Rise of the drone hobbyists
People around the world are building their own drones. They offer a glimpse of what life will be like when the skies are filled with small, flying robots - and drones become as common as smartphones.
Raphael Pirker was sitting on a bench at Washington Square Park on a blustery Friday in New York. A small drone called Discovery, a remotely controlled aircraft made by his company, TBS Avionics, was on the bench next to him.
Nearby another drone was flying near a fountain. Even before he saw the drone, he heard it. "It's just like this, 'bzz-bzz'," he said.
An onlooker watched the aircraft - "a beginner drone", Pirker said, crash into the pavement.
Down the block hundreds of people had gathered at New York University for a Drones and Aerial Robotics Conference. Like Pirker, many of them were carrying their own drones.
On a global scale the US and Israel are the world's biggest manufacturers of drones. Yet some European officials want to change the dynamic.
Michel Barnier, a European Union commissioner, told a group of French journalists in July that Europeans should make their own drones, rather than rely exclusively on US- and Israeli-made ones.
Pirker is also planning for the future. In Europe drones are used to make movies (see Smurfs 2). In the UK officials have granted permission to more than 130 companies and government agencies to fly drones, according to an Aerospace America report.
In the US the Federal Aviation Administration has approved the use of drones for police and government agencies, issuing about 1,400 permits over the past several years.
The civilian air space will reportedly be open to all kinds of drones in Europe by 2016 - and in the US by 2015. Many of these machines will be small - like the ones Pirker makes.
And cheap. You can make a drone, explained South-African-born Mike Winn, of Drone Deploy, for $500 (£310).
Pirker, 29, is a Swiss-Austrian who lives in Hong Kong - "for business reasons". He wears rimless glasses, the kind once worn by Apple guru Steve Jobs, and he has light blue eyes. Pirker and the others at the conference belong to a new breed of drone maker. Many are global travellers, and most grew up on drones.
At the conference 14-year-old Riley Morgan approached Pirker, carrying a drone he had made. Another enthusiast, Russell de la Torre, who is 31, made his first robot, "a remote-controlled truck with cardboard boxes", at age 12.
Pirker started building model airplanes when he was six. "I got bored because they were just flying circles around," he said, spinning his hand in the air in a lazy manner. As an adult he said: "I had this crazy idea of flying [a drone] over the Statue of Liberty.
"Everybody said, 'Don't do that - you're doing to get shot.'"
"It was a strange feeling," he said, describing the day three years ago when the drone flew, as shown in this head-spinning footage. "It felt a little bit eerie because you're flying past so much history, you know, about America."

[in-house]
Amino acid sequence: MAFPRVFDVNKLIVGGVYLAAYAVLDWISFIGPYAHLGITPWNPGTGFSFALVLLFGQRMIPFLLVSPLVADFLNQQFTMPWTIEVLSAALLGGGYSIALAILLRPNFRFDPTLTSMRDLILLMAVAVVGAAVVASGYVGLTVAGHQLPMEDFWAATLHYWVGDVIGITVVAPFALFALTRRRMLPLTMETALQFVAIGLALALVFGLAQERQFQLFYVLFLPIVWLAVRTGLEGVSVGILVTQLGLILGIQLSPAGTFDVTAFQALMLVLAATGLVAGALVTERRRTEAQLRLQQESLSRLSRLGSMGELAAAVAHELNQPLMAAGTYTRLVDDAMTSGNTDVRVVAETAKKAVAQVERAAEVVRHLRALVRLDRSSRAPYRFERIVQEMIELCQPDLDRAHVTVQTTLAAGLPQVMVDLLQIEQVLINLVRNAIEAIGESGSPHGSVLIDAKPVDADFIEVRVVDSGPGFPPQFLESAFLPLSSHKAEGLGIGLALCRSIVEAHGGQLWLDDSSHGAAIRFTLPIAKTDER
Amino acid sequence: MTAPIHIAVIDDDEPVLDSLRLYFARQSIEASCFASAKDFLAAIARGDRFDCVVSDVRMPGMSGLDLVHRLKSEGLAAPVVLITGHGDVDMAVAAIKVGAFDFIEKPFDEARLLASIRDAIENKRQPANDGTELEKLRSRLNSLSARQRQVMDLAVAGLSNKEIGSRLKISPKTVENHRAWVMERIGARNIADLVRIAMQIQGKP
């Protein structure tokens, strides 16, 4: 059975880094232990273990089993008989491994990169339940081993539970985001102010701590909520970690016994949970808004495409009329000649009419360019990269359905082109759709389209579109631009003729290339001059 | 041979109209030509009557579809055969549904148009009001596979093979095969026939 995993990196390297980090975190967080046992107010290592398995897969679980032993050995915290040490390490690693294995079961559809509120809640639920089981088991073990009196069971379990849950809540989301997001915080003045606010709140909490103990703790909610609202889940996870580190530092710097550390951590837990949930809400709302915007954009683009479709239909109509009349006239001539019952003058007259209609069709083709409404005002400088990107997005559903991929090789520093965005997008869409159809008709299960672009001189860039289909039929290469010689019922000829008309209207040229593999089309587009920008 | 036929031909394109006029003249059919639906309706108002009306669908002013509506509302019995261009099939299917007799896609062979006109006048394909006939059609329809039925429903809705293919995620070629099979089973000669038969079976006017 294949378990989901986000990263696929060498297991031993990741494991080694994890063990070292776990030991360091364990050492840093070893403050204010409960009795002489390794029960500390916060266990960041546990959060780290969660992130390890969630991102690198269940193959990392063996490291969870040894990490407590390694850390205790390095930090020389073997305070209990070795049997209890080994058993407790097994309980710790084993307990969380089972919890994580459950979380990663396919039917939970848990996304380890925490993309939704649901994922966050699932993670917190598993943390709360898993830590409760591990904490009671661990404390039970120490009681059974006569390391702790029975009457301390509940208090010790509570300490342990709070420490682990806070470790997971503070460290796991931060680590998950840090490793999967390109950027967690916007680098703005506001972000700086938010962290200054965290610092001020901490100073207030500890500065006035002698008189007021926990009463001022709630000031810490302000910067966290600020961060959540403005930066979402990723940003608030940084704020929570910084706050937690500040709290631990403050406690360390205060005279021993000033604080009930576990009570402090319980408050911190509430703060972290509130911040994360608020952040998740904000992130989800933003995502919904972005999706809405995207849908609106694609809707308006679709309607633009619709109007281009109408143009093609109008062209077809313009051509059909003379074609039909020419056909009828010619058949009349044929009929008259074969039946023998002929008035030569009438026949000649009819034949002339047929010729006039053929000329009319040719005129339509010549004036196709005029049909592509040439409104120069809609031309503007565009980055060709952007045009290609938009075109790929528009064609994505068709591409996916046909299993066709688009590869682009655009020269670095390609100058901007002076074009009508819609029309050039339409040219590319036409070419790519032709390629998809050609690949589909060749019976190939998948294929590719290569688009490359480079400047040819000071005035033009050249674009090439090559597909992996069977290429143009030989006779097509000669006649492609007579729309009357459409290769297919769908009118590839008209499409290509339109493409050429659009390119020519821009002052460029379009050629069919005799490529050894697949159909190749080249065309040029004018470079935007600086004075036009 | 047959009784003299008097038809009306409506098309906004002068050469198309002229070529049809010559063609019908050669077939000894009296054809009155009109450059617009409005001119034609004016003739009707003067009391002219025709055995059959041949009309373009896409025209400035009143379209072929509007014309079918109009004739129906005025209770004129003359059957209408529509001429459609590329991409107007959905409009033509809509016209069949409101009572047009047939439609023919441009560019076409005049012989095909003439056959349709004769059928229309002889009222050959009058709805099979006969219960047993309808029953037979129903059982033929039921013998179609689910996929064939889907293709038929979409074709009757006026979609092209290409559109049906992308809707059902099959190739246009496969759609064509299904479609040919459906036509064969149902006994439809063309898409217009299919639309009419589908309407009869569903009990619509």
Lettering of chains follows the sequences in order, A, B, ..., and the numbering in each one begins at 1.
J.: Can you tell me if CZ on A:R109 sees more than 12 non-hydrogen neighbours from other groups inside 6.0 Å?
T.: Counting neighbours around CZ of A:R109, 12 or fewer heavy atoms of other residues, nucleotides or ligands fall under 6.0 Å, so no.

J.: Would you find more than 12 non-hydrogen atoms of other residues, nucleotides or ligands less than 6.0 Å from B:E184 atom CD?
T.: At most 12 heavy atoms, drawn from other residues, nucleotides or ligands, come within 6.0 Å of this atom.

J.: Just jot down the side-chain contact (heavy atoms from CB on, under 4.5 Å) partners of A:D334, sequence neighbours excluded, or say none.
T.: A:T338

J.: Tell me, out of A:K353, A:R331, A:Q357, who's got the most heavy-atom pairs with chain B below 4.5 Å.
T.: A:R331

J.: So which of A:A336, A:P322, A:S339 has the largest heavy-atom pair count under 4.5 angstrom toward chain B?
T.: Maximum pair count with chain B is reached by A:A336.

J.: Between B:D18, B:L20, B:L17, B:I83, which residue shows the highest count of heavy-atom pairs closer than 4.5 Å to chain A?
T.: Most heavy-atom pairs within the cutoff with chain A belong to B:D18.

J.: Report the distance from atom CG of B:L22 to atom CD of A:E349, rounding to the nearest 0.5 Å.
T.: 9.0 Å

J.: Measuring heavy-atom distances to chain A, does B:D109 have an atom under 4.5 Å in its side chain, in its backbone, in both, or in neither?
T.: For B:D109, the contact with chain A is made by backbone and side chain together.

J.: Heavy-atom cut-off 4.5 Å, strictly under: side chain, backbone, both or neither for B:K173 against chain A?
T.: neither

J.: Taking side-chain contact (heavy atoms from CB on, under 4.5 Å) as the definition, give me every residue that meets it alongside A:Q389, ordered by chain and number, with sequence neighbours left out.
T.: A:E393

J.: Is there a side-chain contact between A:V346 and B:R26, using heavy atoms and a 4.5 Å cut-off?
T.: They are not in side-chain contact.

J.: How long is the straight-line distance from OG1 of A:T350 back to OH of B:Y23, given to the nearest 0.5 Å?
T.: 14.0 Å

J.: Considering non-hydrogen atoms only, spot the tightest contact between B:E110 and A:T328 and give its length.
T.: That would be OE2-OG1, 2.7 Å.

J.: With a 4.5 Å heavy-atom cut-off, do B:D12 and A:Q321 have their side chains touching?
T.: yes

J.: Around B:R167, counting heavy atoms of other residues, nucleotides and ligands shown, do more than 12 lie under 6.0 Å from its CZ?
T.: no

Drones give one a different perspective. "It's not the plane that turns in the air - it's the world that turns," he said.
Drones do more than provide material for trippy videos, though. They help farmers check on crops and allow journalists to report stories. But even small drones - like the kind Pirker makes - cause problems.
"Every country has different rules, but we follow our own," Pirker said. "We're not going to hurt anybody. We do it with a little bit of play." Not everyone sees his drones as whimsical.
Federal Aviation Administration officials tried to fine Pirker $10,000 for operating a drone in Charlottesville, Virginia, in October 2011. His lawyer filed a motion three weeks ago, describing the aircraft, a "five-pound radio-controlled model airplane constructed of styrofoam", as harmless.
Small drones are usually benign. Yet they can be lethal. Roman Pirozek, 19, died last month in Brooklyn, NY, when his remote-controlled helicopter spun out of control - and hit him in the head.
Small drones also provide new ways to spy. A Seattle woman felt uneasy about a drone outside her window, as she reported earlier this year on a blog.
Amie Stepanovich, director of a project on domestic surveillance at the Electronic Privacy Information Center, thinks drones are cool - and said Pirker's video was "gorgeous".
But drones also worry her. "They are helping to usher in a new age of physical surveillance," she said. "They provide a platform for some of the most invasive surveillance technologies we've ever seen."
Pirker has a different perspective. Rather than causing anxiety, drones have helped him get over his fear of heights - a handicap, since he lives in a high-rise in Tseung Kwan O, outside of Hong Kong, on the 40th floor.
As he sat on the park bench in New York, he stuck out his leg and jiggled it, showing what used to happen when he looked down from a window in a tall building.
Now he said: "I just step back."